• Technology addiction;
  • Videogames;
  • Virtual reality;
  • Wearable technology; and
  • Web development and design.

Before you can start pitching potential clients, you first need to decide on the specific niche(s) for which you would like to write.

I don’t want to get off topic, so you’ll have to look elsewhere for detailed advice on what to consider when choosing your target niche(s).

For now, I’ll simply mention three suggestions:

  1. Pick something about which you’re already at least somewhat knowledgeable — if you have no clue how artificial intelligence or cryptocurrency or augmented reality works, then it’s probably best to stay away from these niches unless you’re able to devote considerable time to learning about them. Remember, your goal will be to blow away your potential client with a killer piece of content: you likely won’t be able to write such an article if you’re literally learning about the subject for the first time.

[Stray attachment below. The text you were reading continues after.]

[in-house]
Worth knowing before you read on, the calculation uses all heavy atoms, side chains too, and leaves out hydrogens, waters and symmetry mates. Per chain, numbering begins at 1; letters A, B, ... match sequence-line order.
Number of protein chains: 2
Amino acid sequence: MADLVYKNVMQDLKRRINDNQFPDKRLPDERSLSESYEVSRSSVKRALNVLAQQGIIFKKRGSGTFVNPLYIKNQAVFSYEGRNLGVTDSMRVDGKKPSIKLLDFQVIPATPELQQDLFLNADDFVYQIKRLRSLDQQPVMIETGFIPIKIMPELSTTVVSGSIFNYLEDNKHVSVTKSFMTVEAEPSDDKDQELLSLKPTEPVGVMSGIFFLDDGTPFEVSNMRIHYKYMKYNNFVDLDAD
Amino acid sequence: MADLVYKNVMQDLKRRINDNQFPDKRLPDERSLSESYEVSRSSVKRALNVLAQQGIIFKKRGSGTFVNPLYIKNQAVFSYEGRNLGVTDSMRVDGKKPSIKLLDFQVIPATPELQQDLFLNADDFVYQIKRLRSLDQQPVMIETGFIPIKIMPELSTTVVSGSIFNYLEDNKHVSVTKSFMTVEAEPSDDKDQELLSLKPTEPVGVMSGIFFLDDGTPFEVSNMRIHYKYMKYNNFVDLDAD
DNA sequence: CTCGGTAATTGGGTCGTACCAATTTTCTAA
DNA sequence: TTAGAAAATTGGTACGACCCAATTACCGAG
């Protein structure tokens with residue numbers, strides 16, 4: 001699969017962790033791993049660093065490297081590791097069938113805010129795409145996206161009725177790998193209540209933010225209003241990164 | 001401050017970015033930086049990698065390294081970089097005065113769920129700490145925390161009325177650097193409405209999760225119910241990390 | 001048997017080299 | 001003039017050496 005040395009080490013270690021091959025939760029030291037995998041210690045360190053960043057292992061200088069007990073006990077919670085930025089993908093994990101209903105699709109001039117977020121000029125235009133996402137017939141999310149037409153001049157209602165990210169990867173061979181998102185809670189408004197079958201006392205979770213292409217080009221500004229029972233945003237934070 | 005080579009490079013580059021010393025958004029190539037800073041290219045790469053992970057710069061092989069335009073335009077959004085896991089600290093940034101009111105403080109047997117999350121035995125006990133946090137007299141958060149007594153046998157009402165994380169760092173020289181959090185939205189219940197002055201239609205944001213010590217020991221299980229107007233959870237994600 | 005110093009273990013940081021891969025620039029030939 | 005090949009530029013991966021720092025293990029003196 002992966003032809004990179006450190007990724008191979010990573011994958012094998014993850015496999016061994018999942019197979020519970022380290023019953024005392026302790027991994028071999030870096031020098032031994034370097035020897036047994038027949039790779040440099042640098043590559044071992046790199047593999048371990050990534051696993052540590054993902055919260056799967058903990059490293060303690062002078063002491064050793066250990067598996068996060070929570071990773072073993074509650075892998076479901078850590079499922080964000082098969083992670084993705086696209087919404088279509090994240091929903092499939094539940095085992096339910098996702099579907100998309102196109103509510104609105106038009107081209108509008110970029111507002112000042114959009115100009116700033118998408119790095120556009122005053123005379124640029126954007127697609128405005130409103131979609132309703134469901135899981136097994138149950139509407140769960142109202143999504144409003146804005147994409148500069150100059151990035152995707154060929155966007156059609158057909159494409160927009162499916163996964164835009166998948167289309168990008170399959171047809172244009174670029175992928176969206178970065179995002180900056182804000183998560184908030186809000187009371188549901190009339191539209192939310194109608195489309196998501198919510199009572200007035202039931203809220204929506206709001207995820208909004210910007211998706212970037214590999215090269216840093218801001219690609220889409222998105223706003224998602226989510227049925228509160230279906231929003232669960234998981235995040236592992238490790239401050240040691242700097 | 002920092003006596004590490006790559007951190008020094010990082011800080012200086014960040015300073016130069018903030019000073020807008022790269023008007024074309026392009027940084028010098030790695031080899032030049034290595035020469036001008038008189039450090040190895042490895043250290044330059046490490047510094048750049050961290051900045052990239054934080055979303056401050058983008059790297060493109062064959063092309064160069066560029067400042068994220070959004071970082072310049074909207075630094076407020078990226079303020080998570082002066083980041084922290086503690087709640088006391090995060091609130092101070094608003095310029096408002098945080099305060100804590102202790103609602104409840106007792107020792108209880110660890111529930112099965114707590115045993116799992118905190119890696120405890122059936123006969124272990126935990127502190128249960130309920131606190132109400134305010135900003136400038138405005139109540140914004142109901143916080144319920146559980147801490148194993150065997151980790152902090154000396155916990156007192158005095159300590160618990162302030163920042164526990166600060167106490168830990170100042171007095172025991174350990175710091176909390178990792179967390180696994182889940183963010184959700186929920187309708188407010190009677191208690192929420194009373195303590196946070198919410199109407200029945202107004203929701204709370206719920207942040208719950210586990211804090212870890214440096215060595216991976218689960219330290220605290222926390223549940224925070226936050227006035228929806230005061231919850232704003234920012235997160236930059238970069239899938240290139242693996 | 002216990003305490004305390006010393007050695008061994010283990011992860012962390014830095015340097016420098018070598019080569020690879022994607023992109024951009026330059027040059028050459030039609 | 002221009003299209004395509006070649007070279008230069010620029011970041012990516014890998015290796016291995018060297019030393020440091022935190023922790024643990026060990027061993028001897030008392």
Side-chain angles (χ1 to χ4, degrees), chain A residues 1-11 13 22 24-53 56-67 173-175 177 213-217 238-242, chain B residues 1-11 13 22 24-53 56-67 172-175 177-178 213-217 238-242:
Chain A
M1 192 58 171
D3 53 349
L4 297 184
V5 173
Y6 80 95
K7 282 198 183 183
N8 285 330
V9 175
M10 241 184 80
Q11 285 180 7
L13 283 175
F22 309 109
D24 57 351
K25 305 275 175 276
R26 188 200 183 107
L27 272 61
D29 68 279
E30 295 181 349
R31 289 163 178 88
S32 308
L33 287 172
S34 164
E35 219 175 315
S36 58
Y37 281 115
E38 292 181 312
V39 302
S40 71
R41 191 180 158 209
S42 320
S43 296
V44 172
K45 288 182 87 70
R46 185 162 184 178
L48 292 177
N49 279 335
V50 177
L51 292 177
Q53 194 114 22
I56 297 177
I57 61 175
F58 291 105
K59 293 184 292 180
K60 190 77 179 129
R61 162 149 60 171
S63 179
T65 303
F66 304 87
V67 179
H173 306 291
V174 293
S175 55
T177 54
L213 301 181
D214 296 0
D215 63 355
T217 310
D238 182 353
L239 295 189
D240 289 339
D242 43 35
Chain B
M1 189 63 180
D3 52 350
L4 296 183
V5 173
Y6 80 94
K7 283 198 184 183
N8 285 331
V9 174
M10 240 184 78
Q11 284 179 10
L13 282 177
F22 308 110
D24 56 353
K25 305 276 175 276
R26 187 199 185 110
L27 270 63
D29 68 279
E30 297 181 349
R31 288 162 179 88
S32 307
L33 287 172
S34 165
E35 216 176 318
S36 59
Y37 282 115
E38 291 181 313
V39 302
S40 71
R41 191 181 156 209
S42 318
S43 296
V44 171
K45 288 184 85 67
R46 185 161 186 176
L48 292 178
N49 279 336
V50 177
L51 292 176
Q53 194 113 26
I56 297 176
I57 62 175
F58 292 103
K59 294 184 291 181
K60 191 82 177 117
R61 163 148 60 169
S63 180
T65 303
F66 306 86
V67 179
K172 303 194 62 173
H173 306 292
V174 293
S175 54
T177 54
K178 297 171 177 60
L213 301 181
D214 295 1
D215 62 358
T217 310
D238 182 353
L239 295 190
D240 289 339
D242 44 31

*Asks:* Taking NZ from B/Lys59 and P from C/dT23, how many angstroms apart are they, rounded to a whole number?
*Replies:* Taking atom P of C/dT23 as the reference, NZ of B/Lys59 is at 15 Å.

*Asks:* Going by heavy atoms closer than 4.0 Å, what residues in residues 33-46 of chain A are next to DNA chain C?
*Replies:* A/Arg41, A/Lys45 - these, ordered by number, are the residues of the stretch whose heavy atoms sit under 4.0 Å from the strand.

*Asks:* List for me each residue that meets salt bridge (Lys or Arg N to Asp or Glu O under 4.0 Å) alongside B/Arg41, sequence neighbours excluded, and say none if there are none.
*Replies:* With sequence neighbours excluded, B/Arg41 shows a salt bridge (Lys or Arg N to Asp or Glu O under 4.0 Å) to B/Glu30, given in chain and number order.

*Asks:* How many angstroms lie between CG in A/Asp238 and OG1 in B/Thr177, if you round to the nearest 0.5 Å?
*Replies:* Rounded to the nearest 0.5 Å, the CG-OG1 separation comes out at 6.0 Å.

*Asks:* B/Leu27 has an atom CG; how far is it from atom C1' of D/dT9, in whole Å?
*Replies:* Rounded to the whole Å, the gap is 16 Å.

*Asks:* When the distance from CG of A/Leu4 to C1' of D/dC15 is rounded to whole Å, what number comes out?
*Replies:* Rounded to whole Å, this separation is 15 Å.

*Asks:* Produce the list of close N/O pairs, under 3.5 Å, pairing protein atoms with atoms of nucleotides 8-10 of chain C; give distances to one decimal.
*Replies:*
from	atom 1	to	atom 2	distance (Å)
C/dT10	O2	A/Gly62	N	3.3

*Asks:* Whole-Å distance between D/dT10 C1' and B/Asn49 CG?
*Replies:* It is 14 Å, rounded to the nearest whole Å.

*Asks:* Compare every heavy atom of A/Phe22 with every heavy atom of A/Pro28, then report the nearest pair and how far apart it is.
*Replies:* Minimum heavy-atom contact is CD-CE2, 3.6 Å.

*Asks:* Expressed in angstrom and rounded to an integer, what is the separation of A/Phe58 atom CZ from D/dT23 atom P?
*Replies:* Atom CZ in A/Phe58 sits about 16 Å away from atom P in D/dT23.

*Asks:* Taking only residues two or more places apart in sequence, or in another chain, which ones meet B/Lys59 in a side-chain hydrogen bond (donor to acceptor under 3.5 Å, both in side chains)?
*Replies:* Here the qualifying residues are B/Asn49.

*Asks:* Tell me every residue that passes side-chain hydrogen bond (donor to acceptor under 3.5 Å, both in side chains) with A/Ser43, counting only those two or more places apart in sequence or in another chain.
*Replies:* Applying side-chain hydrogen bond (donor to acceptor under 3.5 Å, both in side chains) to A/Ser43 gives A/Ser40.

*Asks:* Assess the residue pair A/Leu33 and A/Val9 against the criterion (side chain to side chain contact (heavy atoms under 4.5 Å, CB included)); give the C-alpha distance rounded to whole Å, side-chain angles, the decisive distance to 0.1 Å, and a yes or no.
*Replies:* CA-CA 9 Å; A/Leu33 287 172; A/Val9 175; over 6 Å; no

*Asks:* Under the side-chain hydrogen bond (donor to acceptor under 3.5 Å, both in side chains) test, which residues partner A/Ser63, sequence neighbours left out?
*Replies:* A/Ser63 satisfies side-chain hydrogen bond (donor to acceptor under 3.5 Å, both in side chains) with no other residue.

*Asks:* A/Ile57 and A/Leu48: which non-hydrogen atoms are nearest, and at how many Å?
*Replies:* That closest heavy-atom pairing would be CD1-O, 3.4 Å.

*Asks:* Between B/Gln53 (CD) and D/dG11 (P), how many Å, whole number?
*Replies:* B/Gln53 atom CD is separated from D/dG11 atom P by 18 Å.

2. Choose an area in which you can see yourself working far into the future — this is partly about putting some thought into which tech niches will likely continue to be popular as time goes on and partly about being honest with yourself in terms of whether you’re sufficiently passionate/interested to keep pushing when things get tough.
  3. Avoid niches that are so new, so underdeveloped, and/or so fringe that little, if any, research on them exists—as a content writer, you likely won’t be conducting original data analysis (at least not early in your career) and so you need to ensure that you can draw on plenty of existing articles, reports, and other kinds of publications when researching and crafting your own articles; some niches have been researched far more extensively than others — keep this in mind when choosing.

Step 2: Make a List of the Top Companies and Entrepreneurs in Your Niche(s), Alongside Their Competitors/Runner-Ups

After deciding on which niche(s) you’d like to target, you have to do the time-consuming but essential work of creating a list of all the possible companies and/or entrepreneurs for whom you’d like to write.

I suggest targeting two basic groups: